Google Pledges $1B To Help Ease Bay Area Housing Crisis
‘As we work to build a more helpful Google, we know our responsibility to help starts at home,” Google CEO Sundar Pichai says. ‘For us, that means being a good neighbor in the place where it all began over 20 years ago: the San Francisco Bay Area.’
Google is committing $1 billion to help ease a San Francisco Bay Area housing crisis that has squeezed out low- and middle-income residents and even some of the company’s own workers.
The expansions and high wages of Mountain View, Calif.-based Google and other Silicon Valley tech giants are blamed for a shortage of housing and price spikes in California’s Bay Area, where supply has not kept pace with demand for new homes and apartments, particularly affordable housing.
Google CEO Sundar Pichai today said the company’s $1 billion will support the development of as many as 20,000 new homes in the Bay Area, where the Mountain View-based Google is one of the largest employers.
“First, over the next 10 years, we’ll repurpose at least $750 million of Google’s land, most of which is currently zoned for office or commercial space, as residential housing,” Pichai said in a blog post. “This will enable us to support the development of at least 15,000 new homes at all income levels in the Bay Area, including housing options for middle- and low-income families. We hope this plays a role in addressing the chronic shortage of affordable housing options for long-time middle- and low-income residents.”
Google will establish a $250 million investment fund to provide developer incentives to build at least another 5,000 affordable housing units. It also pledged $50 million in Google.org grants to nonprofits focused on homelessness and displacement.
“The lack of new supply, combined with the rising cost of living, has resulted in a severe shortage of affordable housing options for long-time middle- and low-income residents,” Pichai said. “As Google grows throughout the Bay Area --whether it’s in our home town of Mountain View, in San Francisco or in our future developments in San Jose and Sunnyvale -- we’ve invested in developing housing that meets the needs of these communities. But there’s more to do.”
California Gov. Gavin Newsom tweeted his approval of Google’s announcement.
“Google recognizes that it has an important role to play in addressing California’s cost crisis,” Newsom tweeted. “I hope today’s announcement inspires other companies – big and small – to make similar direct investments in housing affordability throughout our state.”
Google in the coming months will continue to work with local municipalities to support plans that allow residential developers to build quickly and economically, according to Pichai.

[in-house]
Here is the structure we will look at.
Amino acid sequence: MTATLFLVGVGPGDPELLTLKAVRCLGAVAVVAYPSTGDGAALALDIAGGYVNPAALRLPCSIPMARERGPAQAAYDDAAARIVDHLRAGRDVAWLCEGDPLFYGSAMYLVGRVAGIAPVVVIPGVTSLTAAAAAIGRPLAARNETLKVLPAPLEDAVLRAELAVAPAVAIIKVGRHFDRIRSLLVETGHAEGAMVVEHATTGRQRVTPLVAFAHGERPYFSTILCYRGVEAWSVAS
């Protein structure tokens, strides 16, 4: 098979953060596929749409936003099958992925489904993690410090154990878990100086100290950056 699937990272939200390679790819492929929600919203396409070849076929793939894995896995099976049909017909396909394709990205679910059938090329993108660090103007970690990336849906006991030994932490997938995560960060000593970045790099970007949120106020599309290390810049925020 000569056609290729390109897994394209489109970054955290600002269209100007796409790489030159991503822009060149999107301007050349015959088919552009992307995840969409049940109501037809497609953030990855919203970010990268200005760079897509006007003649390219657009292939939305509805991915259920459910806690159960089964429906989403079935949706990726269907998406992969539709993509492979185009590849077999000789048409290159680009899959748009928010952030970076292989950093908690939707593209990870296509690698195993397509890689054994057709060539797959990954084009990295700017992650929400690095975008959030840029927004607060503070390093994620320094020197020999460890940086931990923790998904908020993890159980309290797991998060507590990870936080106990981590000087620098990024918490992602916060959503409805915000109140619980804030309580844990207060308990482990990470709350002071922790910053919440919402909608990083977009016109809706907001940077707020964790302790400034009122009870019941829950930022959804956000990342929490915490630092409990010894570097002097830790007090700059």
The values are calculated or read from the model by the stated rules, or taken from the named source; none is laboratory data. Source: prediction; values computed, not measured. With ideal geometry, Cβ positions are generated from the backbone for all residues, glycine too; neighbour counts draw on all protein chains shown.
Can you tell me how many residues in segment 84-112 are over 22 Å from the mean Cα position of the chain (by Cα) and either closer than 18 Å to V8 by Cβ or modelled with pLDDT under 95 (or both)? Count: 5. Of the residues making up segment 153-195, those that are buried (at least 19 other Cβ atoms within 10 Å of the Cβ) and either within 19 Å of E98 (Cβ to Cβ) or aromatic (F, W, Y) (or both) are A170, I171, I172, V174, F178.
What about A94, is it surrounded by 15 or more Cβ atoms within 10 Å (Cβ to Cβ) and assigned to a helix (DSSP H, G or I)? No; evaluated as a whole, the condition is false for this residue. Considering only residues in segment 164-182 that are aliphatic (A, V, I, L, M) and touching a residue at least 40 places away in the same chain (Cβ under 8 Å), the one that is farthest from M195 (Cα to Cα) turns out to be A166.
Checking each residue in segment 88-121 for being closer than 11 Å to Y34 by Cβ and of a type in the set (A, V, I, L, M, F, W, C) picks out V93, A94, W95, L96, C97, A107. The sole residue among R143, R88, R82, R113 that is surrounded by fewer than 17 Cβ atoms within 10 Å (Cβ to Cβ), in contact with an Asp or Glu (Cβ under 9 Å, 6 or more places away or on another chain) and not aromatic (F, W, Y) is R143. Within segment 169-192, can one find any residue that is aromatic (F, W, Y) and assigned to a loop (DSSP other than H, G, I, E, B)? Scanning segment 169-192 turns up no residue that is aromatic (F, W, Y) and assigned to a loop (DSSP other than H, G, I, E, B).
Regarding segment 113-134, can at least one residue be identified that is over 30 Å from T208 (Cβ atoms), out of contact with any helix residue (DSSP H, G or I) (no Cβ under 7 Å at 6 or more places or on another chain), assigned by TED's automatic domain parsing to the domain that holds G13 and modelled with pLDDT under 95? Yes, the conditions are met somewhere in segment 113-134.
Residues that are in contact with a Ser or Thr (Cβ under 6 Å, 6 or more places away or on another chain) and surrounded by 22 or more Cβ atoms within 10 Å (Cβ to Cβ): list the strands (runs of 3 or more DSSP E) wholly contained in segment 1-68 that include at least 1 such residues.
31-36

“Our goal is to get housing construction started immediately, and for homes to be available in the next few years,” he said. “In Mountain View, we’ve already worked with the city to change zoning in the North Bayshore area to free up land for housing, and we’re currently in productive conversations with Sunnyvale and San Jose.”
Mountain View Mayor Lisa Matichak said she was pleased to see Google take an active role in addressing regional housing challenges, given its large Mountain View and Bay Area footprint.
“Mountain View has already cleared the way for robust residential development around Google headquarters, so we’re looking forward to seeing the details and what this announcement means for our city and other cities in the Bay Area,” Matichak told CRN. “I am particularly happy to see the quick infusion of $50 million to nonprofits working on homelessness and displacement. We hope other corporate neighbors will join in addressing these challenging issues in the very near future.”
While Matt Schwartz, CEO of the California Housing Partnership, also welcomed Google’s announcement, he urged it to “provide additional details showing exactly how the $250 million in investments will be used to produce housing affordable to the area’s lowest income households, who our reports have shown are most in need of assistance.”
“As an example, Microsoft’s January announcement included $250 million to purchase Low Income Housing Tax Credits, which is exactly the kind of tool needed to produce housing affordable to the Bay Area’s lowest income households,” said Schwartz, whose nonprofit helps preserve and expand the supply of homes affordable to low-income households in California.
Redmond, Wash.-based Microsoft in January pledged $500 million to help tackle the affordable housing crisis in Washington’s Puget Sound area. And NetApp, a hybrid cloud data services and data management company based in Sunnyvale, Calif., said it was investing $10 million in building and preserving low-cost housing in the Bay Area as part of the Housing Trust Silicon Valley’s TECH Fund.
In 2018 in Seattle, where Amazon has its headquarters, the City Council there voted to rescind a corporate “head tax” that would have charged a $275-per-employee tax on Seattle companies making more than $20 million per year to fund affordable housing -- less than a month after it approved the tax. The council’s about-face was prompted by Amazon opposition and a campaign for a ballot referendum to repeal the tax.